Caledonian Road, known locally as the “Cally”, was built in 1826 to
provide a new link between north London and the West End. Originally
known as Chalk Road, it changed its name when the Royal
Caledonian Asylum for the children of poor Scots was built two years
later. Soon after came the prison and the first of many strips of
terraced housing.

In 1852 the largest cattle market in Europe opened here, beginning the
Cally’s long association with the meat trade. Lodgings, public houses
and hotels soon followed to service the drovers and traders who worked

In the 19th century the area was a magnet for Scottish and Irish
manual workers who came to work on the vast railway at King’s Cross.
In the 20th century immigrants came from further afield, bringing
shops, families and businesses with them, and the neighbourhood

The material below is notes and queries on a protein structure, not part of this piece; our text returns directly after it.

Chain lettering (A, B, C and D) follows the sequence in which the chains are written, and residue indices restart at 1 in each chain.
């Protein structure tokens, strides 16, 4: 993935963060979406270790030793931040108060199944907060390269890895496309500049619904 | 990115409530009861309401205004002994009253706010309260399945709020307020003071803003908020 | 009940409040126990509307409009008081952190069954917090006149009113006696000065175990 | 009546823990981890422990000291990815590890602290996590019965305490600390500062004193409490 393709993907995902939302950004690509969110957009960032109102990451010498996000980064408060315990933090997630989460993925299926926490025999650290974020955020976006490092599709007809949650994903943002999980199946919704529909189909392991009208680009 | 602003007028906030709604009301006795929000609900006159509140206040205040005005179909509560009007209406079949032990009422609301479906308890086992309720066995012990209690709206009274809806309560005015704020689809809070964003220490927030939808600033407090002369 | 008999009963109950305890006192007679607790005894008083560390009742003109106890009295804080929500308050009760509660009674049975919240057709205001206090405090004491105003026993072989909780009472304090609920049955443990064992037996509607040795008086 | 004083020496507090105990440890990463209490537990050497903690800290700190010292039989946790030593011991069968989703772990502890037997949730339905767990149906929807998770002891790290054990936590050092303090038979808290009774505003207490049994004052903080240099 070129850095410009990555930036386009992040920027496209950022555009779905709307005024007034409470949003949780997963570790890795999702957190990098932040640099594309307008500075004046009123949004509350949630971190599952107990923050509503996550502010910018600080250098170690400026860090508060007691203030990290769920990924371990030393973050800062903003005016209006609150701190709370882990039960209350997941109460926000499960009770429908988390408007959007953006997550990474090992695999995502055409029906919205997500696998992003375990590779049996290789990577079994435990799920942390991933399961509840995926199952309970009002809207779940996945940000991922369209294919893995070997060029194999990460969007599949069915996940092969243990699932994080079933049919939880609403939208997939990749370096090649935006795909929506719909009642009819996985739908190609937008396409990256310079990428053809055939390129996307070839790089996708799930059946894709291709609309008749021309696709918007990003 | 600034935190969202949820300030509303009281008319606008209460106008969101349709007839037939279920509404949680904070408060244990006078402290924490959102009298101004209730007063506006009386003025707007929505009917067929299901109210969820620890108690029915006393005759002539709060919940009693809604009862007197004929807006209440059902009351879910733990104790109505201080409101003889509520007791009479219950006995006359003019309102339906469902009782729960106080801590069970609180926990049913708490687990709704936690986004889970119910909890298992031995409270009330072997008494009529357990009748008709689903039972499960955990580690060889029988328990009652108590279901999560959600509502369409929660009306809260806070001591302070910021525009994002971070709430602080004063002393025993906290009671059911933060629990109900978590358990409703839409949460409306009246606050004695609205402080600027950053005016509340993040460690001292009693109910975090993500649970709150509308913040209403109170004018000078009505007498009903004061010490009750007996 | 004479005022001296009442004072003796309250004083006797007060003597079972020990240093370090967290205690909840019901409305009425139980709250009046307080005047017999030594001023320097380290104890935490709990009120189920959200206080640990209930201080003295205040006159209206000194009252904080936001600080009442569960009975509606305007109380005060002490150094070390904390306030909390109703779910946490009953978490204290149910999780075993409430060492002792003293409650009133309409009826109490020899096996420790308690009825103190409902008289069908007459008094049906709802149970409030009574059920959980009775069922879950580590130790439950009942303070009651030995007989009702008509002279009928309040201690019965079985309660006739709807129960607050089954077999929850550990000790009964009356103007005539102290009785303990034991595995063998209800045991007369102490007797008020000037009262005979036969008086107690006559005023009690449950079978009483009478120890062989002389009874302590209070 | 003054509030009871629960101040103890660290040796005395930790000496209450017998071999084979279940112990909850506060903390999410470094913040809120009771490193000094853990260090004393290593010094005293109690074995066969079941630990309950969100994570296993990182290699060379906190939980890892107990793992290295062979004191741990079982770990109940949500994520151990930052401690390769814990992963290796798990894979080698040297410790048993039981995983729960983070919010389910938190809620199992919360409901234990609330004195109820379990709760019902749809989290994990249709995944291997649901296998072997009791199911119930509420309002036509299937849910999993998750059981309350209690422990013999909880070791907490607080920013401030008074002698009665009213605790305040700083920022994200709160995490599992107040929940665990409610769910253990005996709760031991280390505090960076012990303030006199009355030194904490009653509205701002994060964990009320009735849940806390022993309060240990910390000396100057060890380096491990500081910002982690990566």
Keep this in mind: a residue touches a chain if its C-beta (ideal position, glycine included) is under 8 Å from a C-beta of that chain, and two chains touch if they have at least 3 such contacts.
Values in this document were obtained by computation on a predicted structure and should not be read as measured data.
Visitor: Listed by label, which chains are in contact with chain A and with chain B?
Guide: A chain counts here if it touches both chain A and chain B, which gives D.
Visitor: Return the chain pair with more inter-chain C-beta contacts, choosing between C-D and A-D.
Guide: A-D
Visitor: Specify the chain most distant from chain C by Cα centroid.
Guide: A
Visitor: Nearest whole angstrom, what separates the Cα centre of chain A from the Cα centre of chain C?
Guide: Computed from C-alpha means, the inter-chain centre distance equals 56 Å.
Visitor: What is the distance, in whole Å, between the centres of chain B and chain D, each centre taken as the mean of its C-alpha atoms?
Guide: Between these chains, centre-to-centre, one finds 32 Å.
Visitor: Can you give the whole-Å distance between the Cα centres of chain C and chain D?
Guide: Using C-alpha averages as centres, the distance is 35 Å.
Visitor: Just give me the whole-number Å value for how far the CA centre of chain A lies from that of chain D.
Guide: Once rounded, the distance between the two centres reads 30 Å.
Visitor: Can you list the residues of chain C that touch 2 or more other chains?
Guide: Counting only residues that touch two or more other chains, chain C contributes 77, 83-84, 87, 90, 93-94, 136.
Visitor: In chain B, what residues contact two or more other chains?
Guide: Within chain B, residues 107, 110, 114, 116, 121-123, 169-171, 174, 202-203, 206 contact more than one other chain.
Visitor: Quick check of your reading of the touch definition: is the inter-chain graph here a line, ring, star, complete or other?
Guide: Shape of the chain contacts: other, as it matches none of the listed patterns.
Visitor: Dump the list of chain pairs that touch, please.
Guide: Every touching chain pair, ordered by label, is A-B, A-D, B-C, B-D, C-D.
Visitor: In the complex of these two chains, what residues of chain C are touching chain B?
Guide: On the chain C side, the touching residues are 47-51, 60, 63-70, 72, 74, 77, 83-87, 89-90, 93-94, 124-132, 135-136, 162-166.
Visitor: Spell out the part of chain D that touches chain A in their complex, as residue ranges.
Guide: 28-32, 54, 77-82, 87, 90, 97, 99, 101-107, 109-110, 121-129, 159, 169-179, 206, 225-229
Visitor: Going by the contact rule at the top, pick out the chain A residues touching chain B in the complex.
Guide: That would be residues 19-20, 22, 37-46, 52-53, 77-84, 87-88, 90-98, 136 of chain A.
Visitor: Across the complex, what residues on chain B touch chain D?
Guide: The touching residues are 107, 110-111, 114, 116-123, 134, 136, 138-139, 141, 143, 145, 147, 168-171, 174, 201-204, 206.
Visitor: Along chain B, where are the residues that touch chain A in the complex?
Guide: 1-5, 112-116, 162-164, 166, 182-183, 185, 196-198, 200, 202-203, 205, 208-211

developed the modern multi-ethnic character it has to this day.

When the Victorian social reformer Charles Booth conducted his survey
of London life in the 1880s, he described Caledonian Road as
“depressing” but while there is still poverty in the area, and many of
the social problems associated with it especially on the 1970s estates
to the west of the Cally, many residents feel a strong attachment to
the area. Some families have been here for generations. When the BBC
interviewed local pub landlady Eileen Christie for “The Secret History
of Our Streets”, she said it had been her dream when she was growing
up to have her own flat on the Bemerton estate – with its heating,
plumbing, parking and communal play areas.

As London house prices have climbed out of reach of so many people,
the divisions between Caledonian Road with its numerous bedsits and
social housing, and Barnsbury to the east with its tree-lined streets
of Georgian terraces, have become sharper. In the 1990s a group of
activist residents formed the Cally Rail Group and managed to defeat
plans to dig up Caledonian Road as part of the construction of the
Channel Tunnel rail link. Today, following the recent redevelopment of
King’s Cross, some fear further price rises will drive longstanding
residents and businesses out of the area. Team Cally aims to break down these invisible “barriers” to bring everyone together in true Cally community spirit!

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